Netflix is raising its Internet video prices by $1 per month for new customers and giving its current U.S. subscribers a two-year break from the higher rates.
The changes mean anyone signing up for Netflix's video subscription service beginning Friday will pay $9 per month for in the U.S. The old price of $8 per month will continue until May 2016 for Netflix's existing 36 million U.S. subscribers.
The price increase, Netflix's first in nearly three years, isn't a surprise. The Los Gatos, California-based company disclosed its plans to raise its rates last month without specifying the precise amount.
Netflix Inc. says its needs more money so it can afford to pay for more original programming along the lines of its Emmy award-winning political drama “House of Cards” and critically acclaimed series “Orange Is the New Black.” The emphasis on video that can only been seen on Netflix has become a major drawing card for the company as it strives to create the Internet's equivalent of Time Warner Inc.'s HBO cable network.
By delaying the price increase for current subscribers, Netflix hopes to avoid the backlash that it faced in 2011 when it raised its prices by as much as 60 percent.
The company lost about 800,000 customers within a few months in an exodus that alarmed investors, causing Netflix's stock to plunge by more than 80 percent in a year. Netflix eventually lured back subscribers and revived its customer growth, lifting its stock to record highs earlier this year.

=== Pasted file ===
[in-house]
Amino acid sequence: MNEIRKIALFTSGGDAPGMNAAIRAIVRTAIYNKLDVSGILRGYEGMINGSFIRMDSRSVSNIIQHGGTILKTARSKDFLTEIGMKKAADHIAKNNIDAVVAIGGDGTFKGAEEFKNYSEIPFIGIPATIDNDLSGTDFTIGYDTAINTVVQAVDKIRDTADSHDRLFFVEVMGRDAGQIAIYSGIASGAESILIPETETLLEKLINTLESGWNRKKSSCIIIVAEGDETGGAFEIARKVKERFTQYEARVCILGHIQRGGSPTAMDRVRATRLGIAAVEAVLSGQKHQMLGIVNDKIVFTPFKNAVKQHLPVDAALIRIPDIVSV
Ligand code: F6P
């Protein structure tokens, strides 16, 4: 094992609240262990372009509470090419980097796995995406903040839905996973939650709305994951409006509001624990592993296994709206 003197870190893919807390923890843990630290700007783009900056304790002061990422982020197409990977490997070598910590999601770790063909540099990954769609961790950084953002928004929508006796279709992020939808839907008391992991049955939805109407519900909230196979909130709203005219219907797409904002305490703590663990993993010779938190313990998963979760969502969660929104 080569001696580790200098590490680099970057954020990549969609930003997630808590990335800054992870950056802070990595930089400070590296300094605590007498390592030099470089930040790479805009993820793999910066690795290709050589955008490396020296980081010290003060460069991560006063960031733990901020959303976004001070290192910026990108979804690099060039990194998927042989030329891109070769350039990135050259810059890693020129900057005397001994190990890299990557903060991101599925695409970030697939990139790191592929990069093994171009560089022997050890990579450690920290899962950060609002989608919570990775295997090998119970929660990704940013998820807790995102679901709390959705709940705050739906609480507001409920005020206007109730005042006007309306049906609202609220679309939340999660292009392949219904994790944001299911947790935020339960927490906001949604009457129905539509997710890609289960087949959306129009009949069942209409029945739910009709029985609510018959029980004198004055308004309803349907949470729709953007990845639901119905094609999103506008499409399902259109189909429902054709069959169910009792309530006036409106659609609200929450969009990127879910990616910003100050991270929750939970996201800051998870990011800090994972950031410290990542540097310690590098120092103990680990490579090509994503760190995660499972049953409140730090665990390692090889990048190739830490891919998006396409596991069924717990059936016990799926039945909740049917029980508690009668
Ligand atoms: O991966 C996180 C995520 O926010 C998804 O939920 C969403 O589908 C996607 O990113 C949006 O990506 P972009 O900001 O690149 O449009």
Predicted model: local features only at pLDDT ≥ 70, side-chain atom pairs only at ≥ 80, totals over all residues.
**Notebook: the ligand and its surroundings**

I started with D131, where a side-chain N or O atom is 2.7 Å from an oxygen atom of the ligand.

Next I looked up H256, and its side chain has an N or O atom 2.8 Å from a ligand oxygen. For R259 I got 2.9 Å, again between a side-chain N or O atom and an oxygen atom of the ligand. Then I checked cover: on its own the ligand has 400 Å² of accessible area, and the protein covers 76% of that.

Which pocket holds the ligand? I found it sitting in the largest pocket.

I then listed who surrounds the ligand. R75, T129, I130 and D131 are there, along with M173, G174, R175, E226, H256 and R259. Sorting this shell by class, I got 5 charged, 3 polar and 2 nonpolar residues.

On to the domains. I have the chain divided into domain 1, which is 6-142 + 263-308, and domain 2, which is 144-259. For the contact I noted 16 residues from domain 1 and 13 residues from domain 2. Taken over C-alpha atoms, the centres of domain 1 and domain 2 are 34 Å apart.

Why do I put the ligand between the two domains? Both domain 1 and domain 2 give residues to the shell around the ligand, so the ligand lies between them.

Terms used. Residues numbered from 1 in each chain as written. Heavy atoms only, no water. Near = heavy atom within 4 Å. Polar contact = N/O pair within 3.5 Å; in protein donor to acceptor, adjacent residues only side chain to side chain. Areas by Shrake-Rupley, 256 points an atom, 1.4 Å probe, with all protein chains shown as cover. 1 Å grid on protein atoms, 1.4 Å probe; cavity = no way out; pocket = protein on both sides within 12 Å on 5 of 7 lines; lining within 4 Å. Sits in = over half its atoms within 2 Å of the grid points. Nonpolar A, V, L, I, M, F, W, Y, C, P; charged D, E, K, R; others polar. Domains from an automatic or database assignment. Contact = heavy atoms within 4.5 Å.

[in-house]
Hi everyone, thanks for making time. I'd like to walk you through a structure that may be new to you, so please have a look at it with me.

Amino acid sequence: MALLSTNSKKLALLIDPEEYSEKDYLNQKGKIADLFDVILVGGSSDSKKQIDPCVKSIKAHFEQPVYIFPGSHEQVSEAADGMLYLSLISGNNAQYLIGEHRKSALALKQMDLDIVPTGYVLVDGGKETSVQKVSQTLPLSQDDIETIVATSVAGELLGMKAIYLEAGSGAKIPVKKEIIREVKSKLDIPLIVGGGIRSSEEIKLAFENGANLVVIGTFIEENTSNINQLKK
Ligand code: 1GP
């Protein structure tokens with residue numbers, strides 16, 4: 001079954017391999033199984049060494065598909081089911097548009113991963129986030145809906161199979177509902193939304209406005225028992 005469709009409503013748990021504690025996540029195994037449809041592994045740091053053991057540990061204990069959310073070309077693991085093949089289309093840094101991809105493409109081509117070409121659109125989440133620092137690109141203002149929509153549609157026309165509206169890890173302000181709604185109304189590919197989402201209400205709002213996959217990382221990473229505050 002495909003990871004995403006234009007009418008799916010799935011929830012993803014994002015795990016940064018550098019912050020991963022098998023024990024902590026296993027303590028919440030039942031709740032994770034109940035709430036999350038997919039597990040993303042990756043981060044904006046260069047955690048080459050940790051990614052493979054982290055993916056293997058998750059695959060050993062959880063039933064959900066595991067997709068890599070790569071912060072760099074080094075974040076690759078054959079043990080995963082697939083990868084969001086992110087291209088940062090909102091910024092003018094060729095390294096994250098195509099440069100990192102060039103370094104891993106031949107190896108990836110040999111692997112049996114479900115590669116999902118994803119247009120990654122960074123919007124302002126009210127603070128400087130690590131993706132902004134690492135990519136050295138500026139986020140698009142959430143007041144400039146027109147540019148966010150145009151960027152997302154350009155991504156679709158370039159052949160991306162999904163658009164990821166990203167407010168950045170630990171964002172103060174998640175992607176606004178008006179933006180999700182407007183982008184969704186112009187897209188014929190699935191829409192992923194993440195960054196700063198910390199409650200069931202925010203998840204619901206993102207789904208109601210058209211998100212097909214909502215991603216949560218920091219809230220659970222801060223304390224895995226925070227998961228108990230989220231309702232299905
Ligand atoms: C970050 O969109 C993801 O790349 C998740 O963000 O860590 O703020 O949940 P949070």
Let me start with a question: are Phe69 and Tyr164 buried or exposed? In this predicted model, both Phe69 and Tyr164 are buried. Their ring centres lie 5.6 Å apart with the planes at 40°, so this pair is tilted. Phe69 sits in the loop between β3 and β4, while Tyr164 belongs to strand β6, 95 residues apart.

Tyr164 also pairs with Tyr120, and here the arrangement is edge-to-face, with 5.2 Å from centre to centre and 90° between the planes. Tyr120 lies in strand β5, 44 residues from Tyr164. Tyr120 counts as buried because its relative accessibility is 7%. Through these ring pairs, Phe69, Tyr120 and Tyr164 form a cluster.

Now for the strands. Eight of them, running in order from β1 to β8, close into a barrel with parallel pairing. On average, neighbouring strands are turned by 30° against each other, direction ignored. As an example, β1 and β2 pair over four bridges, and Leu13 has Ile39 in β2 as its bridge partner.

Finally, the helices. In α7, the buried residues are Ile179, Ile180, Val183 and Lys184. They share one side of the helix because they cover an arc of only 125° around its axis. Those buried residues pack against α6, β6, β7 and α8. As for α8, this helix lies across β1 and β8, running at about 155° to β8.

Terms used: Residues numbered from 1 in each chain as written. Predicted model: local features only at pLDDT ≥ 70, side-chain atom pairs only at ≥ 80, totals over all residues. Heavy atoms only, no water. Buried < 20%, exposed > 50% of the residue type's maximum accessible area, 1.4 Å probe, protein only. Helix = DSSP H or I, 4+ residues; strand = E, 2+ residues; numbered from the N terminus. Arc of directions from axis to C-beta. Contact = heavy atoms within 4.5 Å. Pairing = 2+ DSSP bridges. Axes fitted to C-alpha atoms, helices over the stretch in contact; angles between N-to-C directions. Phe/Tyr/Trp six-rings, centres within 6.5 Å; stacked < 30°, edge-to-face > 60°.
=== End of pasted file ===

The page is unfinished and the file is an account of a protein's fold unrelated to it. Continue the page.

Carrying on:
Netflix's stock rose $2.65 to $324.31 in early afternoon trading Friday. The shares have fallen by 13 percent so far this year.
Prices for Netflix's rapidly shrinking DVD-by-mail service aren't changing. Those rates range from $5 to $20 per month, depending on how many DVDs are being rented and whether a Blu-ray option is included. Netflix ended March with 6.7 million DVD subscribers, a nearly 50 percent drop from 2 ½ years ago.
New Internet video customers can avoid the higher price if they are willing to settle for a little less clarity and flexibility. Netflix is also introducing a new $8 per month plan that will only show standard-definition video and limit viewership to just one screen.
Netflix normally offers high-definition video and allows subscribers to watch on up to two different screens. That means two people sharing the same subscription can simultaneously watch Netflix videos on different devices with high-speed Internet connections. The company already charges $12 per month for a subscription plan that allows video to be simultaneously streamed on four different screens.
Subscription prices also will be increasing by the equivalent of about $1 month in Netflix's markets outside the U.S. The company ended March with nearly 13 million international customers in more than 40 countries.